Uyghur cross-country ski Olympian Dinigeer Yilamujiang resurfaced in an interview with the Chinese government propaganda outlet Global Times on Friday, denying the ongoing genocide of her people in East Turkistan and claiming reports of her disappearance were untrue.
The Chinese government granted Yilamujiang the honor of lighting the Olympic flame during the Opening Ceremonies of the Beijing Winter Games in early February, a move the international community interpreted as a gesture of defiance by the Communist Party in the face of a movement to boycott the Olympics in condemnation of the Uyghur genocide.
Extensive evidence unveiled by human rights organizations, foreign governments, and journalists indicates China began building concentration camps in East Turkistan, an occupied region China calls “Xinjiang,” in 2017 and has imprisoned as many as 3 million Uyghurs and other people belonging to non-Han ethnic groups since then. Survivors say they were tortured, raped, enslaved, forcibly sterilized, and otherwise abused in the camps. Human rights experts and multiple governments, including that of the United States, have deemed the actions of the Chinese Communist Party tantamount to genocide.
The Chinese government denies that its actions are genocidal, instead claiming that mass sterilization of ethnic minority women is a victory for feminism and that East Turkistan residents support their own extermination.
Yilamujiang delivered a lackluster performance in cross-country skiing shortly after her starring role in the Opening Ceremonies and failed to appear before reporters following her competition, according to the Wall Street Journal, which also reported that her absence was a violation of Olympic protocol. Yilamujiang denied that she had been absent to the Global Times and claimed that Western journalists simply did not know what she looked like and missed her when entering the room.
“It is not true. There were working staff guiding us to pass through the mixed zone,” the athlete said in the printed version of the Global Times conservation. “I did not know why the newspaper said I did not pass the mixed zone. I walked with my teammate Bayani Jialin. Those who claimed I did not pass the mixed zone may not even know what I look like.”
Yilamujiang, according to the text attributed to her, also claimed she did not “want to talk about politics” but nonetheless denied that China was committing genocide against people like her.
“Some Western media’s irresponsible reporting severely affected me and my teammates. Since I was born and grew up in Xinjiang, I must respond,” the text in state propaganda attributed to Yilamujiang read. “If there is what the West claimed to be ‘genocide,’ my teammate and I would not have had the chance to appear at the Olympic Games.”
Jialin is also allegedly Uyghur.
Yilamujiang nonetheless admitted, according to the interview, that allowing her to light the Olympic flame was a political move.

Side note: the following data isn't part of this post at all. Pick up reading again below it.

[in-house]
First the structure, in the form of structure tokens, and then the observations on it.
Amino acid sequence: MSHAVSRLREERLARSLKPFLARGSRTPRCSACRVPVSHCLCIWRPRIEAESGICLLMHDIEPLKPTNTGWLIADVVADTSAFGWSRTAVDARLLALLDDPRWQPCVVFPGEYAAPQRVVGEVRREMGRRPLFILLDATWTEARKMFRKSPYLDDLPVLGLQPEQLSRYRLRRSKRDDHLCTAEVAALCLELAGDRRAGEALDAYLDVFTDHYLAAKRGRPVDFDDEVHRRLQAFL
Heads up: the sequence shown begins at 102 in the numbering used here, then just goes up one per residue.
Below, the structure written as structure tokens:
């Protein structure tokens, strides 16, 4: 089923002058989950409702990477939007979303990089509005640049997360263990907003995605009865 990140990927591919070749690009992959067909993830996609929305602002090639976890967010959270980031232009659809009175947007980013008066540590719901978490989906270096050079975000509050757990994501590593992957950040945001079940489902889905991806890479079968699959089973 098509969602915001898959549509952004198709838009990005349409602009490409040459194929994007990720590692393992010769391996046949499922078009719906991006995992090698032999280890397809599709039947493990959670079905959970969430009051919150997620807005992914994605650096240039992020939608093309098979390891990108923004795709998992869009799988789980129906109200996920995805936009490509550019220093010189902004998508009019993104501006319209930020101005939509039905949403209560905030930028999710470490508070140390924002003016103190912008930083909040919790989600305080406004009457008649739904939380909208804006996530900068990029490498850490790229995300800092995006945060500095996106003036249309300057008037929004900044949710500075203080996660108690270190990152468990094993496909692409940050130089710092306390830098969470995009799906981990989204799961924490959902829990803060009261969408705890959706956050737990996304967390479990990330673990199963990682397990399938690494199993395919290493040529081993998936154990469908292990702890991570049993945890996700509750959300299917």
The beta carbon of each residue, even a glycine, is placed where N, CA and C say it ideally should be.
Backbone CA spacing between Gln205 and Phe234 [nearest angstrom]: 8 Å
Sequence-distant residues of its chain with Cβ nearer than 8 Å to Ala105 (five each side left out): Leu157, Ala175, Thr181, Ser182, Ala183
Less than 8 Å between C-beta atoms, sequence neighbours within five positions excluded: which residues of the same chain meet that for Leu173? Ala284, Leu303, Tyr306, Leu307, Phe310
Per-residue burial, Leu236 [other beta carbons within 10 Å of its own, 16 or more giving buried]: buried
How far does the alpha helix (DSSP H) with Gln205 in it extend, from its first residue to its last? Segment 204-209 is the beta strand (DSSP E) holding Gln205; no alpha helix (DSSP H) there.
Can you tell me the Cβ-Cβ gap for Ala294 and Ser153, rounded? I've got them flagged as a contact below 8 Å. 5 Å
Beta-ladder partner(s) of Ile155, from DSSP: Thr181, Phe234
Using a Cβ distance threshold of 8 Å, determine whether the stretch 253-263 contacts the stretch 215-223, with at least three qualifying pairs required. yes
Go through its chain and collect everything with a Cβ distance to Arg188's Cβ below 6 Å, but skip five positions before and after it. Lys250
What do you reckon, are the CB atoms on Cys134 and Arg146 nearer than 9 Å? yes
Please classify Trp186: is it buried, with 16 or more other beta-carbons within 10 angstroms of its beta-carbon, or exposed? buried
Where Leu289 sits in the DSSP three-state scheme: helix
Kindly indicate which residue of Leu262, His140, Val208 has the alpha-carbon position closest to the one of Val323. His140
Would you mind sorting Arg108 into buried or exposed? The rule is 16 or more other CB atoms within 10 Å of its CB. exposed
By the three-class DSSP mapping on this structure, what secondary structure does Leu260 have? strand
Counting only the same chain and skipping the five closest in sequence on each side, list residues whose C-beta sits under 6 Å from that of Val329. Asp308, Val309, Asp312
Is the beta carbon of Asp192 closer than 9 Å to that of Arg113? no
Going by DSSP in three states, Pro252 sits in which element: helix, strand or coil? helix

“Choosing me as one of the torchbearers displays the truth about the harmony of the big Chinese family,” the interview text read. “Moreover, (during the opening ceremony) the Olympic flame had been passed from older-generation athletes to younger ones and then to me, which delivers the message of carrying forward the Olympic spirit from generation to generation.”
Yilamujiang also repeatedly the dubious claim that East Turkistan is the original home of skiing, which China has begun using to advertise tourism to the region.
“I would love to take this opportunity to invite more people to ski in my hometown and invite more young athletes to join the winter sports,” Yilamujiang said.
The Global Times did not, according to the text, ask Yilamujiang, age 20, if the government had forcibly sterilized her, as it has done with thousands – if not millions – of Uyghur women. Yilamujiang did not independently address the issue.
Yilamujiang’s abrupt disappearance and resurfacing in the Global Times parallels the recent events surrounding tennis champion Peng Shuai, also the subject of international concern. Peng disappeared in November after writing a long post on Weibo, a Chinese government-regulated social media outlet, accusing former Chinese Olympics chief Zhang Gaoli of raping her. When Peng resurfaced, it was in videos distributed by the Global Times. The undated videos appeared to show Peng at a restaurant enjoying the company of friends and at a tennis tournament; the Global Times claimed the videos were recent.
The Times‘ efforts did nothing to convince the Women’s Tennis Association (WTA) that Peng was safe and free despite her allegations, resulting in the WTA pulling all its business out of China. Global Times editor-in-chief Hu Xijin abruptly resigned shortly after the WTA pulled its business out of China.
Peng resurfaced in an interview at the Beijing Olympics, denying that she had ever accused anyone of rape or sexual assault and proclaiming a newfound enthusiasm for winter sports. The interview, with the European sports magazine L’Equipe, was conducted under the control of a Communist Party chaperone who translated her statements; her original Mandarin-language responses were not published and remain unknown.